- Ask for local school board support.
- Testing at hearings.
- Maryland Coalition for Inclusive Education
- General info on UDL (click here and here)
- National UDL Task Force
- UDL in Maryland
- UDL mentioned on VA DOE website
Great post. So thorough, thanks so much Bethany!ReplyDelete
So are you looking at full inclusion Bethany? This is great info...I've relied heavily on the words of IDEA and the research on the benefits of inclusion to get my point across to our district people...the law speaks for itself, I think...thanks for putting this together in one nice little package for all of us...love having all of the key points in one place. :)ReplyDelete
You better make this post an easy link on your blog!ReplyDelete
This is just plain AWESOME...thank you! Please put a special tab link on this on your header...it's just AWESOME!ReplyDelete
Kristin, yes ma'am! BTW, we can talk more when I'm out there, but I am already putting the motions into place by informing our school what my expectations are for Payton. We had a meeting over the summer (few mos ago) ... me, the ass't principal and a lady from the administrative spec ed dept to lay it all out. Oh, and the school's spec ed teacher was there, but she even said she doesn't feel Payton is appropriate for her classroom. We shall see, I know we will have a fight ... no kid has ever been mainstreamed in our home school ... the program they have at this school is the MOCI, which is the moderately cognitively impaired kids. There is a MICI (mildly ...) program at a neighboring school, but I want her at our HOME school. If they need to pull her out for instructional time at all, they can pull her to the LD room. I think I should start drinking now. LOL!ReplyDelete
So glad you put this together cohesively. I have been working with the MD Coalition for Inclusive Education with other parents in a sort of grass-roots effort to push MD forward and I wish every other parent had the opportunities I have had to learn what they have taught me! This is a GREAT overview.ReplyDelete
It's all so frustrating, but knowledge is power and invigorating!
Great post! I agree with keeping the kids at their home school. That's definitely what we will push for when John Michael is ready for Kindergarten. Good luck!ReplyDelete
Morgan is 100% mainstreamed with a full time aide. We've been so fortunate to live in a district that agrees that it's the best option for her and also has the funding to make it a reality. I could go on and on about all of the benefits we have personally witnessed. It may not be for every child but it should be an option for every child!ReplyDelete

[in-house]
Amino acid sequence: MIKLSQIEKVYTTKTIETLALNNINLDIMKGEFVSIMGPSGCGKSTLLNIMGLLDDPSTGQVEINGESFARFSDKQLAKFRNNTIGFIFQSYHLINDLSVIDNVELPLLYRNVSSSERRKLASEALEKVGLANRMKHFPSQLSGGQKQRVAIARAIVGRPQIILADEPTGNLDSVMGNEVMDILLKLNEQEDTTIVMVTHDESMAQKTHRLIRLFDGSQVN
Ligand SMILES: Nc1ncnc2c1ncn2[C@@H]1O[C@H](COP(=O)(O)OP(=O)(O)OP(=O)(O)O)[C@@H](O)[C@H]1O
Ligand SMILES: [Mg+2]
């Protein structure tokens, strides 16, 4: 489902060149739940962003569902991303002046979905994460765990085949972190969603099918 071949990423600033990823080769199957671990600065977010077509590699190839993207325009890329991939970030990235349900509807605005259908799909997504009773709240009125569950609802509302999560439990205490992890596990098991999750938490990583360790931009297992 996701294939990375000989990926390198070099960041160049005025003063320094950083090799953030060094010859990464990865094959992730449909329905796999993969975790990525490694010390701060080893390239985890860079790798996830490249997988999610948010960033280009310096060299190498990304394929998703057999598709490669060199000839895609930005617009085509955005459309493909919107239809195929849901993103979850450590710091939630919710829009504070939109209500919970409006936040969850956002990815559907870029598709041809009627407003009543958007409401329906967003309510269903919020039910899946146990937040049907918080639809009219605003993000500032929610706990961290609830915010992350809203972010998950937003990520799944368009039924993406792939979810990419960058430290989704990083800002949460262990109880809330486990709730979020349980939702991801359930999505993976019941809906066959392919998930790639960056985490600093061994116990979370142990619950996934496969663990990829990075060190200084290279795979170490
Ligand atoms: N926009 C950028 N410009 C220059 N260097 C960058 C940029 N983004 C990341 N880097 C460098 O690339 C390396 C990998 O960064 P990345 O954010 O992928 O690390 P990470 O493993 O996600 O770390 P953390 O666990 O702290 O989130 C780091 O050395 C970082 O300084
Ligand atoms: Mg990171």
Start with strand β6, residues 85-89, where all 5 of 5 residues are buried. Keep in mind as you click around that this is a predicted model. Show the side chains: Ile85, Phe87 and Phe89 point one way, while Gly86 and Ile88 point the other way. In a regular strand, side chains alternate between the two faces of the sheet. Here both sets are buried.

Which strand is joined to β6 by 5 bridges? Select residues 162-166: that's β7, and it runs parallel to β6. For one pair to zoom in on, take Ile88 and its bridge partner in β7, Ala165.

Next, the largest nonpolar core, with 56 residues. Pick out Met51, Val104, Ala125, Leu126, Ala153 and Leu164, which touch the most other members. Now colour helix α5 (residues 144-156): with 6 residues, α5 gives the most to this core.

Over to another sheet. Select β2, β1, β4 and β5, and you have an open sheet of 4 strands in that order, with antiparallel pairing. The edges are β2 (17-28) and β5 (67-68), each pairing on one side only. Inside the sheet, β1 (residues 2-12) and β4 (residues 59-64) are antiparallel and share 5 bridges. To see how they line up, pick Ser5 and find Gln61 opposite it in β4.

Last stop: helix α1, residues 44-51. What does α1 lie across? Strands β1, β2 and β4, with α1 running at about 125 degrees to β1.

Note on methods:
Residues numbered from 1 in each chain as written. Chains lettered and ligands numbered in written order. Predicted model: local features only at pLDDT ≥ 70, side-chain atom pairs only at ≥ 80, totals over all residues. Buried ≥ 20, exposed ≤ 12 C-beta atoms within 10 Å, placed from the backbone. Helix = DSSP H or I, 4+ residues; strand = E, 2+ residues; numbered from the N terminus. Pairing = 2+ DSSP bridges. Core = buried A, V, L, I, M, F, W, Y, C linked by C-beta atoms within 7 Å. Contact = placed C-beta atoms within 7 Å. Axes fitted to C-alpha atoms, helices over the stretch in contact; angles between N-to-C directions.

Bethany, THANK YOU so very much for taking the time to post all this great info. Do you know if she is taking this presentation on the road or will she be at the next annual convention? I'm sure it would be helpful to hear about it firsthand in an interactive session. The info here is awesome, though. Thanks again for taking the time to share it with us!ReplyDelete
Great info - thanks for posting!ReplyDelete
Did they say if the kids should or should not be "labeled" with certain names so they can be in an inclusive program for core classes?ReplyDelete
Lore, YES ... another speaker we heard discussed this and I will get into that as soon as I have time to type that up. :)ReplyDelete
Interesting, especially being in the midst of this right now....now I can see why the school ditrict was approaching Ruby as a "behavior" problem, because I've made my position on true mainstreaming clear and this was just another attempt to keep her out of the classroom. They seem to know the law too I guess. :( Good information Bethany, thanks for posting.ReplyDelete
First time to your blog and I love this post. I am in the middle of figuring out which school district is best in Salt Lake City for my son as we look for our first home here. I need to learn so much about IEP's and the laws etc. Thank you VERY MUCH for posting all of this material. I need to come back and re-read it!ReplyDelete
Catherine ... do you know Heather Seal (she posted above)? She lives there and it sounds like she has had a good experience in her school. :)ReplyDelete
Great post with tons of information. Thank you! Inclusion is so important!!! My daughter, Elle, is in the same school and grade as Heather Seal's daughter. They are in different classes but Elle says she talks to Morgan at recess and that everyone loves Morgan! Elle's best friend in her classroom is deaf and has a full time aide too. Now her whole class has learned cueing. I love that Elle is learning that kids are just kids, no matter what their abilities or disabilities are. I completely agree that there are incredible benefits for children with and without disabilities in an inclusive learning environment. I am so grateful that we live in a time when people are starting to realize this!ReplyDelete
I don't comment here much but I just wanted to say that as a person without disabilties, I benefited from spending time in inclusive classrooms. I'm in my 20s, and one of my friends in kindergarten was the first student with Down Syndrome to be mainstreamed in our district. We are still friends and keep in contact by facebook, even though I've moved away from our hometown.ReplyDelete
I am still a ways away but how do I know what "program" our school uses? What would I need to ask to find out? I have been told we are in a great district for kiddos with different abilities. I know kids at our school are "mainstreamed" and have aides but there is also a "resource" room. When you say full inclusion what does that mean exactly? Can you explain what your home school would do if Peyton was there now? Thanks. Trying to get and stay ahead of the game KWIM....ReplyDelete
Super Blog Post, I will be sharing it :)ReplyDelete
For those of you with more questions, please feel free to join the inclusion group I just created on facebook ... lots of great info in there.ReplyDelete